Opening minds not closing borders
GIVEN THE actual and potential scale of the refugee numbers resulting from political upheavals in Tunisia, Libya and other Arab states, the latest row between France and Italy about accommodating 25,000 of them shows how little readiness there is in Europe to share this burden of conflict on its southern flank.
It should be remembered that Tunisia alone is hosting 630,000 refugees from the fighting in Libya, most of them migrant workers from other African states. And it is worth recalling that during the Balkan wars of the mid-1990s, some 350,000 refugees were accommodated in Germany alone.
Tension arose in the European Union over Italy’s decision to give six-month free travel tickets to some of the Tunisians held on the Mediterranean island of Lampedusa, which along with Malta is usually the first place they land. The Italians acted after their plea for help from other EU member states in dealing with the issue was turned down on April 10th. In response French authorities refused entry to a group of Tunisians coming by train from Italy. Nicolas Sarkozy and Silvio Berlusconi then called for the Schengen system of visa-free movement between 25 continental European states to be tightened up, invoking emergency conditions and internal security.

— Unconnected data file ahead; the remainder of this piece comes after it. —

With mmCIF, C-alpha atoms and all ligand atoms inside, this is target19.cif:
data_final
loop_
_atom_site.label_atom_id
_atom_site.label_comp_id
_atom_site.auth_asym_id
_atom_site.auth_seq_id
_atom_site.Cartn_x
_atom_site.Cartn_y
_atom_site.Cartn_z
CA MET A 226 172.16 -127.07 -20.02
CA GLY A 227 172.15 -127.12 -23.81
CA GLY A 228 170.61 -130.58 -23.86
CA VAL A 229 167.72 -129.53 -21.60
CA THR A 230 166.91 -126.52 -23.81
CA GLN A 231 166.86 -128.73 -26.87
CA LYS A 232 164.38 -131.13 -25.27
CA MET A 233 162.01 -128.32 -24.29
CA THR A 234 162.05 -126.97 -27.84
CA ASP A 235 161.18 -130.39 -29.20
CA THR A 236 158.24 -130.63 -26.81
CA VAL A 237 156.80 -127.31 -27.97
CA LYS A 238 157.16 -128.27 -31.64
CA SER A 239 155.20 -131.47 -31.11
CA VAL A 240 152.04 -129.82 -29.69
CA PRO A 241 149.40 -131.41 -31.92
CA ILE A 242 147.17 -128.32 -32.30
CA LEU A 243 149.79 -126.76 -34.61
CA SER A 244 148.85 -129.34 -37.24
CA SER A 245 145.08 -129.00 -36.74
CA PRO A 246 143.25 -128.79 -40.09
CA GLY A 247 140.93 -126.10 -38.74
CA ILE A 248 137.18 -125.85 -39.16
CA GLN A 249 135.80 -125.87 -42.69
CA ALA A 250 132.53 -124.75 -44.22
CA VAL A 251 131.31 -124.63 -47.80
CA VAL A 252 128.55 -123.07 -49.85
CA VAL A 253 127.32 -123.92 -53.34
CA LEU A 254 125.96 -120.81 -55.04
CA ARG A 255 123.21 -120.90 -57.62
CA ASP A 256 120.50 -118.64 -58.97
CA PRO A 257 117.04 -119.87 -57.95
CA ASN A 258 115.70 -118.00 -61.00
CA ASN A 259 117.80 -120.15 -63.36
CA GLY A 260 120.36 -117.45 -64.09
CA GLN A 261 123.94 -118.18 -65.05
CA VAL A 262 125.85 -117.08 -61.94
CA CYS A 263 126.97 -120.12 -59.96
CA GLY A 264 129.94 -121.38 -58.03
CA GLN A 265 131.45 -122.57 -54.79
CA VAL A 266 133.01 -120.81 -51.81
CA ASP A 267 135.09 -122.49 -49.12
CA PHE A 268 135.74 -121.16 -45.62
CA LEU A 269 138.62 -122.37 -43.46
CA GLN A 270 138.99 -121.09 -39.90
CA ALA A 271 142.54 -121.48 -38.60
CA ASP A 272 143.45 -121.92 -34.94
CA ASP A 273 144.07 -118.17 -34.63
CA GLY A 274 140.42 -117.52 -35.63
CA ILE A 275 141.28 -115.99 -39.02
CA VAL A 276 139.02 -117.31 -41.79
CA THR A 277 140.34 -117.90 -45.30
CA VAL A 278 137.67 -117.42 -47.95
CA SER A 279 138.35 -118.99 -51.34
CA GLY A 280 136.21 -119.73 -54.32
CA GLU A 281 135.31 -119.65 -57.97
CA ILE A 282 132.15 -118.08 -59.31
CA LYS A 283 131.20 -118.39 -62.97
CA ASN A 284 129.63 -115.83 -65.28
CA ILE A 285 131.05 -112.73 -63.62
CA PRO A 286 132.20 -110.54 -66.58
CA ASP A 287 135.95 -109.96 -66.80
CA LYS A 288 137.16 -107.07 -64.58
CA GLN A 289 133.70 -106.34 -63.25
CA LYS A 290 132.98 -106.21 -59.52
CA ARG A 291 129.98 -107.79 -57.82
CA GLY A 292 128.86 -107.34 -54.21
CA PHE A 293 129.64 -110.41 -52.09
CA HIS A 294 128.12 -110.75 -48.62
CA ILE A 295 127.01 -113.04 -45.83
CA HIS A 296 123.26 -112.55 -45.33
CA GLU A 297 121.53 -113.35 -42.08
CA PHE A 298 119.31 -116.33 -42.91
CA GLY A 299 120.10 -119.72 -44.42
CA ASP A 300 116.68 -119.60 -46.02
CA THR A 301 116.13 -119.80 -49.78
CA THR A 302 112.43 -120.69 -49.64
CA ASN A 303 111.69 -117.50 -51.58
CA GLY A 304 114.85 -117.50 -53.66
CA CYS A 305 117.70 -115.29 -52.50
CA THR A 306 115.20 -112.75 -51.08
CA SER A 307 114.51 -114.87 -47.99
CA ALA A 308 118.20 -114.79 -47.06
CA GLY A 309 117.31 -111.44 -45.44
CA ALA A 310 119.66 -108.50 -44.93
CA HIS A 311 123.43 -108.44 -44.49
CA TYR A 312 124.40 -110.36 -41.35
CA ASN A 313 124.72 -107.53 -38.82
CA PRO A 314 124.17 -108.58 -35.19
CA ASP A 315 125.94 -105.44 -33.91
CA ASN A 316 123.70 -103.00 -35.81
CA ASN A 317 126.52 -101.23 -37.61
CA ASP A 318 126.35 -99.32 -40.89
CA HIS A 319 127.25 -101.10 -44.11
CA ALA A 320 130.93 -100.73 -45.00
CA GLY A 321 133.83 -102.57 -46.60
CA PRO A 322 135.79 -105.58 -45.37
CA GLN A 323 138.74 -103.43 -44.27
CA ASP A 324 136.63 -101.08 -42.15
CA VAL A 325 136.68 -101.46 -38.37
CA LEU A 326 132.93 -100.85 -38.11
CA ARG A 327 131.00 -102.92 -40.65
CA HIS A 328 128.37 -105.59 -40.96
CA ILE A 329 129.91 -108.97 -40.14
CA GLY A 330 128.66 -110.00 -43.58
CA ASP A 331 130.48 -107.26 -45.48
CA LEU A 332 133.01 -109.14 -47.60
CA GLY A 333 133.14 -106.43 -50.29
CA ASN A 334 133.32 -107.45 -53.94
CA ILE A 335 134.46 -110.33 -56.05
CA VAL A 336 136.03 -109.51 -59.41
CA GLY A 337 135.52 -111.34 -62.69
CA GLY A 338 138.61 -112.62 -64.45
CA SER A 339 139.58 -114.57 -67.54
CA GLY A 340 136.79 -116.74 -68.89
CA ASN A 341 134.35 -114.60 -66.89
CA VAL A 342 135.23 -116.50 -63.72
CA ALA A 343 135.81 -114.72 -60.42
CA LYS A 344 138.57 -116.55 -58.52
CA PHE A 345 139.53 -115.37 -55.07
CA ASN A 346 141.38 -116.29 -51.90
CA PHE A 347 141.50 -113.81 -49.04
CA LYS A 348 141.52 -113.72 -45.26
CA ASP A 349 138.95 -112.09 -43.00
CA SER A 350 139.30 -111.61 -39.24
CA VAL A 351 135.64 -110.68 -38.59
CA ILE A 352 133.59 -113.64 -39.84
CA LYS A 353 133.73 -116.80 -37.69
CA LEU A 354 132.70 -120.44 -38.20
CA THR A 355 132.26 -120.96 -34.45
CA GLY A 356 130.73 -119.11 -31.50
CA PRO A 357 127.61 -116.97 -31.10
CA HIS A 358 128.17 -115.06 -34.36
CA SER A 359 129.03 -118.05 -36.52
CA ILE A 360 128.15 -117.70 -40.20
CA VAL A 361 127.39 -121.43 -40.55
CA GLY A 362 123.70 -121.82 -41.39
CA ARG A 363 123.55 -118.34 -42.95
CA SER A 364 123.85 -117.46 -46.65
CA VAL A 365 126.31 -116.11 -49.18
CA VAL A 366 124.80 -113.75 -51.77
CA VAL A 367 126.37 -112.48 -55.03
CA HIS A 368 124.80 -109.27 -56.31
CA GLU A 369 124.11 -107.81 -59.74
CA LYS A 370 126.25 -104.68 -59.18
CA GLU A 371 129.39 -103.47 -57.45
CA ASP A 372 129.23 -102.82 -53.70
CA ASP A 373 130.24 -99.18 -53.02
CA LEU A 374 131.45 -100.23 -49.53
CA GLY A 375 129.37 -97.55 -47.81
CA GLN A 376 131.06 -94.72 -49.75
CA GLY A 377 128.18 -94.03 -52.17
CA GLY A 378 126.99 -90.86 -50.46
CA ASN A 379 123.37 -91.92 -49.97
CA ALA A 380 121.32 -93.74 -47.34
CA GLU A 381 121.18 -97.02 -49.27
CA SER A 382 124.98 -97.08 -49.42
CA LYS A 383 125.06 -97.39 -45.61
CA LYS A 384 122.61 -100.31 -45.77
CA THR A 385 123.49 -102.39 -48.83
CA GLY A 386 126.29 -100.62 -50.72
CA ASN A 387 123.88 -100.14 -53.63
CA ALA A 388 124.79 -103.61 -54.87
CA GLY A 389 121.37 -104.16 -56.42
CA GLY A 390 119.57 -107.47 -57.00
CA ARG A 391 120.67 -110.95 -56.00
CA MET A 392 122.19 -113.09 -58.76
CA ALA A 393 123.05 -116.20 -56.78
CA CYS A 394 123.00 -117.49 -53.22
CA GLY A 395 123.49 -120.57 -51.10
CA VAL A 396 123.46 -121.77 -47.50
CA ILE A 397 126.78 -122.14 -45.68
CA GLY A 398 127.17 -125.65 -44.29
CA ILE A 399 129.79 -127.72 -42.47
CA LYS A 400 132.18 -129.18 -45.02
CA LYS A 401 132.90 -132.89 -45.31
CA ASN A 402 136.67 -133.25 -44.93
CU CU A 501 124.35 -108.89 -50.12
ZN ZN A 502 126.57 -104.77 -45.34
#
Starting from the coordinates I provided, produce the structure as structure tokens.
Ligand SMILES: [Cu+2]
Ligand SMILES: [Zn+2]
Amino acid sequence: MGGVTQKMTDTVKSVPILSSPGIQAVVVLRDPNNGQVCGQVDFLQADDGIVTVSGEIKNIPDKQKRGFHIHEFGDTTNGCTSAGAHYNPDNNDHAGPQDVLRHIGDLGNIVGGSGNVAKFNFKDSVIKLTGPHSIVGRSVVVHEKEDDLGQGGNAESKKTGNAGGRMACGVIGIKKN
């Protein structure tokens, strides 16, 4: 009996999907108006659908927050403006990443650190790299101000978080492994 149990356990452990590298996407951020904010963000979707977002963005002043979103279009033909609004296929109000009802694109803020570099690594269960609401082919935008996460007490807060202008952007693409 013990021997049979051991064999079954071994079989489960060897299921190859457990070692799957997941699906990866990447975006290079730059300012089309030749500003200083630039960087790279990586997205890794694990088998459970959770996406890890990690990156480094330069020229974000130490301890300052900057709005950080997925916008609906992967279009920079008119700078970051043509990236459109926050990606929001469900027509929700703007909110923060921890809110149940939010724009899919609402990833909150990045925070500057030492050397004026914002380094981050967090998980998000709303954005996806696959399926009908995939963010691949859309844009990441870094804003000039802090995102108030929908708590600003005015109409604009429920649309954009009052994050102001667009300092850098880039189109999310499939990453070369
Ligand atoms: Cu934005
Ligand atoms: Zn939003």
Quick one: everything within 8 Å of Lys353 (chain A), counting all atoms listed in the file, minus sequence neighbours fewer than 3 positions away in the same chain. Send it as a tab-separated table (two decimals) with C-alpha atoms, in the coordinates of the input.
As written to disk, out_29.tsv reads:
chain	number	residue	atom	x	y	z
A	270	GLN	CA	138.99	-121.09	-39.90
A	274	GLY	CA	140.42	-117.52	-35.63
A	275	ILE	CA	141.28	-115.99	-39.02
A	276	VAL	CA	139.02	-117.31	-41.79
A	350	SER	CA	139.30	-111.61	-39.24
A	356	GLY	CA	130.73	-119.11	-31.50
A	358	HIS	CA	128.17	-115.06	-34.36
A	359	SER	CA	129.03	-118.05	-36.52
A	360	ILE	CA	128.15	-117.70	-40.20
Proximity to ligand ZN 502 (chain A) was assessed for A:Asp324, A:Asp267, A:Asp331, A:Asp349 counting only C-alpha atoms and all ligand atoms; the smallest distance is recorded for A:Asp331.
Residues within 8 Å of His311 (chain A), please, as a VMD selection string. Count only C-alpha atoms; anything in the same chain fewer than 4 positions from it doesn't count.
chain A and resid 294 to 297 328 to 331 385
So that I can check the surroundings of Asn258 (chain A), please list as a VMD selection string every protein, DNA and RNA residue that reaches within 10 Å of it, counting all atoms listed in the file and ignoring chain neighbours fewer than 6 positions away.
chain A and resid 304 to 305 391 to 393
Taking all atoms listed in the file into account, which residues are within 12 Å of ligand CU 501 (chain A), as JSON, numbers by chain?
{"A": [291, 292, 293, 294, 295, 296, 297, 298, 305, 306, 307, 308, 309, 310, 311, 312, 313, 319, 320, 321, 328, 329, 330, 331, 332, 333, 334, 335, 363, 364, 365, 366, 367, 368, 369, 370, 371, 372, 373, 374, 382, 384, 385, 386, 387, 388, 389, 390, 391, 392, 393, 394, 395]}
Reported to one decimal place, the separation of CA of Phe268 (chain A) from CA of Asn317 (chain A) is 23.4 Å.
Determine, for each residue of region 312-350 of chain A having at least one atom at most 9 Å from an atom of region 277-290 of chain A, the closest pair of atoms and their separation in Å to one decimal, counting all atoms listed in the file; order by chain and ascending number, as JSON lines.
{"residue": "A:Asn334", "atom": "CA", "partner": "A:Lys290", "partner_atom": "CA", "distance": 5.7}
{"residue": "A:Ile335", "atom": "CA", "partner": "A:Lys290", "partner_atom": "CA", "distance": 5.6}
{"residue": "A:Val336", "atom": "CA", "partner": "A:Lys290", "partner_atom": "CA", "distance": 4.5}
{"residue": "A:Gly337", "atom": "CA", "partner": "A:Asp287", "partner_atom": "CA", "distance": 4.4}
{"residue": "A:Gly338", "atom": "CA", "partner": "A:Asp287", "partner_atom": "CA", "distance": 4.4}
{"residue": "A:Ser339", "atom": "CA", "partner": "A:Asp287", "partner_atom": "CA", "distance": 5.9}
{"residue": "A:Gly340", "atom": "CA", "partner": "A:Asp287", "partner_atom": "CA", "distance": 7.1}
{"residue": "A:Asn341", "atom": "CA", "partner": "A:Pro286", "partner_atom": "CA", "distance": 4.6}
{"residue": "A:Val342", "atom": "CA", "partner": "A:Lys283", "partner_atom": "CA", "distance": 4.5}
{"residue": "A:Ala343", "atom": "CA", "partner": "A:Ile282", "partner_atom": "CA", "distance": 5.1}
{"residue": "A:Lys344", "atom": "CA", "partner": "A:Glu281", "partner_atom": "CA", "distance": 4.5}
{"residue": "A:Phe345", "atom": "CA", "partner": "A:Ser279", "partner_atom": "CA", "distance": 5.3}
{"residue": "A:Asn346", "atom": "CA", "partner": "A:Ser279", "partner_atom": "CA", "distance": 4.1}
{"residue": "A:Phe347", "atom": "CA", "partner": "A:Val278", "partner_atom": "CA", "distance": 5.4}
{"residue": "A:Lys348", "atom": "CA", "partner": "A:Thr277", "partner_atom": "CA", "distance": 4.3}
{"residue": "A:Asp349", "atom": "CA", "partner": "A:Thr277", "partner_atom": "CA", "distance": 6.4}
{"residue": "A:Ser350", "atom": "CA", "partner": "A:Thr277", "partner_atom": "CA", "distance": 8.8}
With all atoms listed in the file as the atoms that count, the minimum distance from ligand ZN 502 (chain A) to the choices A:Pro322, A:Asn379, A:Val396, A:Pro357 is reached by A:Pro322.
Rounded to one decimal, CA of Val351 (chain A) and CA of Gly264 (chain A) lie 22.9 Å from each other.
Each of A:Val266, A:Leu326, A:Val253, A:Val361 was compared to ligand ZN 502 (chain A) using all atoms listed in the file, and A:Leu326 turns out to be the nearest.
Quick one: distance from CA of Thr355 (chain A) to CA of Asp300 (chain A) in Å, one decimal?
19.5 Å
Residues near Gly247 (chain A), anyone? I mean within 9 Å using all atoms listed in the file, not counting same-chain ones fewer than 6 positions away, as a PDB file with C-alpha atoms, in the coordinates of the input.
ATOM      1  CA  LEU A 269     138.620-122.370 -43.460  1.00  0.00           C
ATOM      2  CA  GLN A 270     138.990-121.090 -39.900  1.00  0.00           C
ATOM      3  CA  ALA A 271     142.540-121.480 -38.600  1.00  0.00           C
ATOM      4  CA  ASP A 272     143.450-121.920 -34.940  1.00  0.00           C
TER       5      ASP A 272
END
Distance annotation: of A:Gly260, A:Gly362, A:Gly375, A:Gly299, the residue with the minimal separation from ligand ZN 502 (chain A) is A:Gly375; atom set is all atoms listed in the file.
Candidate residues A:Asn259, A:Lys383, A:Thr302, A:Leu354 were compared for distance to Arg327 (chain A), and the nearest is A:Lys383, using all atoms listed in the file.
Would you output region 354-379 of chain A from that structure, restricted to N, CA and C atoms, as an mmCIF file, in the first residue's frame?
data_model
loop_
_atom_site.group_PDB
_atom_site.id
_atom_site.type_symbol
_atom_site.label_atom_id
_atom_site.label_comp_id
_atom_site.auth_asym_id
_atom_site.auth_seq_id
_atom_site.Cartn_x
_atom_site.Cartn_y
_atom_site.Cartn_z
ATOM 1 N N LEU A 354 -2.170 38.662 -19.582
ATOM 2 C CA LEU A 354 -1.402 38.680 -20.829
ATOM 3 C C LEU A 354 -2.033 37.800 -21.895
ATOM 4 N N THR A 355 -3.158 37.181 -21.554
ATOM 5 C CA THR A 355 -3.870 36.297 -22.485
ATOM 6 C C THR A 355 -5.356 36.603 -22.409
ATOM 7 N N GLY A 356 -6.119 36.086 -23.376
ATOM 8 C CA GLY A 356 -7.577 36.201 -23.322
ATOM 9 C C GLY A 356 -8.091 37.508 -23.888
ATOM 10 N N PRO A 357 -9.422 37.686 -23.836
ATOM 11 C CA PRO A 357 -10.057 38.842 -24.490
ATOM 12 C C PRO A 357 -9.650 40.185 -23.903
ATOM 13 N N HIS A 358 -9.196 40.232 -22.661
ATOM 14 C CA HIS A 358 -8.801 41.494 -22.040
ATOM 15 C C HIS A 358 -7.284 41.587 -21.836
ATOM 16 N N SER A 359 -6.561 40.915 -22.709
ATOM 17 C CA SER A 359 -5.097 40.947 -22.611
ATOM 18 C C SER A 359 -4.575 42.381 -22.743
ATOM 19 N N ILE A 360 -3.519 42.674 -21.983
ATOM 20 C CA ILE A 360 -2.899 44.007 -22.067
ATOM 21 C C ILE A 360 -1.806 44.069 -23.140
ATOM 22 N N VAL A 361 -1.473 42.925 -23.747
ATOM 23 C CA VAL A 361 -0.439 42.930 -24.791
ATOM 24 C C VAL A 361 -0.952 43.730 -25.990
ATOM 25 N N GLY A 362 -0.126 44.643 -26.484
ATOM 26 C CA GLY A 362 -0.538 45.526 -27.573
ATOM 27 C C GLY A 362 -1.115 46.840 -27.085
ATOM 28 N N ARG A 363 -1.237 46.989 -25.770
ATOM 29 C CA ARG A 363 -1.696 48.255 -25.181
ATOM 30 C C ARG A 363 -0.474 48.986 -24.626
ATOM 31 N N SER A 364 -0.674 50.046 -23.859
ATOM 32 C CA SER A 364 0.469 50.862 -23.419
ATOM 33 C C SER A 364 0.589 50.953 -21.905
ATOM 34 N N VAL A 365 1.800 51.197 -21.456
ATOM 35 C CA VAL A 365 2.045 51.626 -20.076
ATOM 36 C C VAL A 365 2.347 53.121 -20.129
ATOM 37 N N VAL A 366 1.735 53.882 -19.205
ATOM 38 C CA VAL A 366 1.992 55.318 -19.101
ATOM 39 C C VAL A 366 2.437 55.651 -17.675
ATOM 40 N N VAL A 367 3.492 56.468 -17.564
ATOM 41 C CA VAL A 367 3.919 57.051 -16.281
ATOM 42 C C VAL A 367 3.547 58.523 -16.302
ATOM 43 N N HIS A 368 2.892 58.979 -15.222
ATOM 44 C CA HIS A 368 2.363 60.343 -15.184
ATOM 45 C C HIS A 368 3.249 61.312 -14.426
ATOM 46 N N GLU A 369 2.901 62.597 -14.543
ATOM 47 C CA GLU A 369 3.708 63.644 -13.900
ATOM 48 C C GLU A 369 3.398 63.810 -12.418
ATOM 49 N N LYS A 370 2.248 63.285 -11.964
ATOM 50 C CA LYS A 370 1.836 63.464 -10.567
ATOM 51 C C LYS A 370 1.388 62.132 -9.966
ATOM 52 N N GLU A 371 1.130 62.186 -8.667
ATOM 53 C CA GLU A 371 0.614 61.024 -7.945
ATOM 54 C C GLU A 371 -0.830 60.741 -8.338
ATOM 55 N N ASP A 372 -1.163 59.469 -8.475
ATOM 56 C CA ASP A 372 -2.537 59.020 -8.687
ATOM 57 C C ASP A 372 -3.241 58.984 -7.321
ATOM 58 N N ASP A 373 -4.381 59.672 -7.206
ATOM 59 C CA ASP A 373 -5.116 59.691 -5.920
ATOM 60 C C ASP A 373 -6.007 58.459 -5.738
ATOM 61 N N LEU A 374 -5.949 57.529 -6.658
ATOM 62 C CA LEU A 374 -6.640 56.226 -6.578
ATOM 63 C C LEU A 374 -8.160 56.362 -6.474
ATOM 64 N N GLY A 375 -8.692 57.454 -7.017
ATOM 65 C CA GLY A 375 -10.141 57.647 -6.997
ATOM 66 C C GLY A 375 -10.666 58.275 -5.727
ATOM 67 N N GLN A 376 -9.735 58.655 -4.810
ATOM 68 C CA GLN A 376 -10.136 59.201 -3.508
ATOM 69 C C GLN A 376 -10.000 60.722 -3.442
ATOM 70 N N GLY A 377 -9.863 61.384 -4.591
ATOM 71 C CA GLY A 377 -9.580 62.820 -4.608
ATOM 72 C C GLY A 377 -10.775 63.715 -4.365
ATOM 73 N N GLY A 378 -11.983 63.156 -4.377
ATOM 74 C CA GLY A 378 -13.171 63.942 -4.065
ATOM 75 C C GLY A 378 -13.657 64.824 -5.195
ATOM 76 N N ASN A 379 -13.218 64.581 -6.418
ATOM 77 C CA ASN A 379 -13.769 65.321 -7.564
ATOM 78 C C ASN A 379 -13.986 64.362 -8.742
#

Schengen has become a cornerstone of the European integration process, even though it does not include Ireland and the UK but does have participation by Norway, Iceland and Switzerland which are not EU members. It is not immediately threatened but this tension reveals how neuralgic the issues of migration, asylum and refugees have become, not least because the rise of populist right-wing movements throughout the EU puts pressure on leaders like Sarkozy and Berlusconi. This week, in addition, workers in the 10 states which joined the EU in 2004 gain the right of free labour movement to 12 of the other members which denied it to them for seven years – Ireland, the UK and Sweden being the only ones to allow them in then.
Together these two issues pose a great challenge to preserve the existing achievements of free movement of people within the EU and to develop a more sympathetic approach to political changes in North Africa and the Middle East. Mass migrations can be headed off by a generous and imaginative political, economic and humanitarian response by the EU to its southern neighbours. Europeans need to realise that a fortress approach will do more harm than good. Demographic trends in the EU mean more migration will be required to replenish labour supply, and political leaders have a responsibility to explain this.
That includes the European Commission, which oversees Schengen and is to make proposals today about whether and how it should be amended. Its initial response to the Franco-Italian proposal raised the possibility of reinstating some border controls. That would be a slippery slope, opening up the dangerous prospect of a politically driven competition for tighter restrictions, which could undermine the whole project.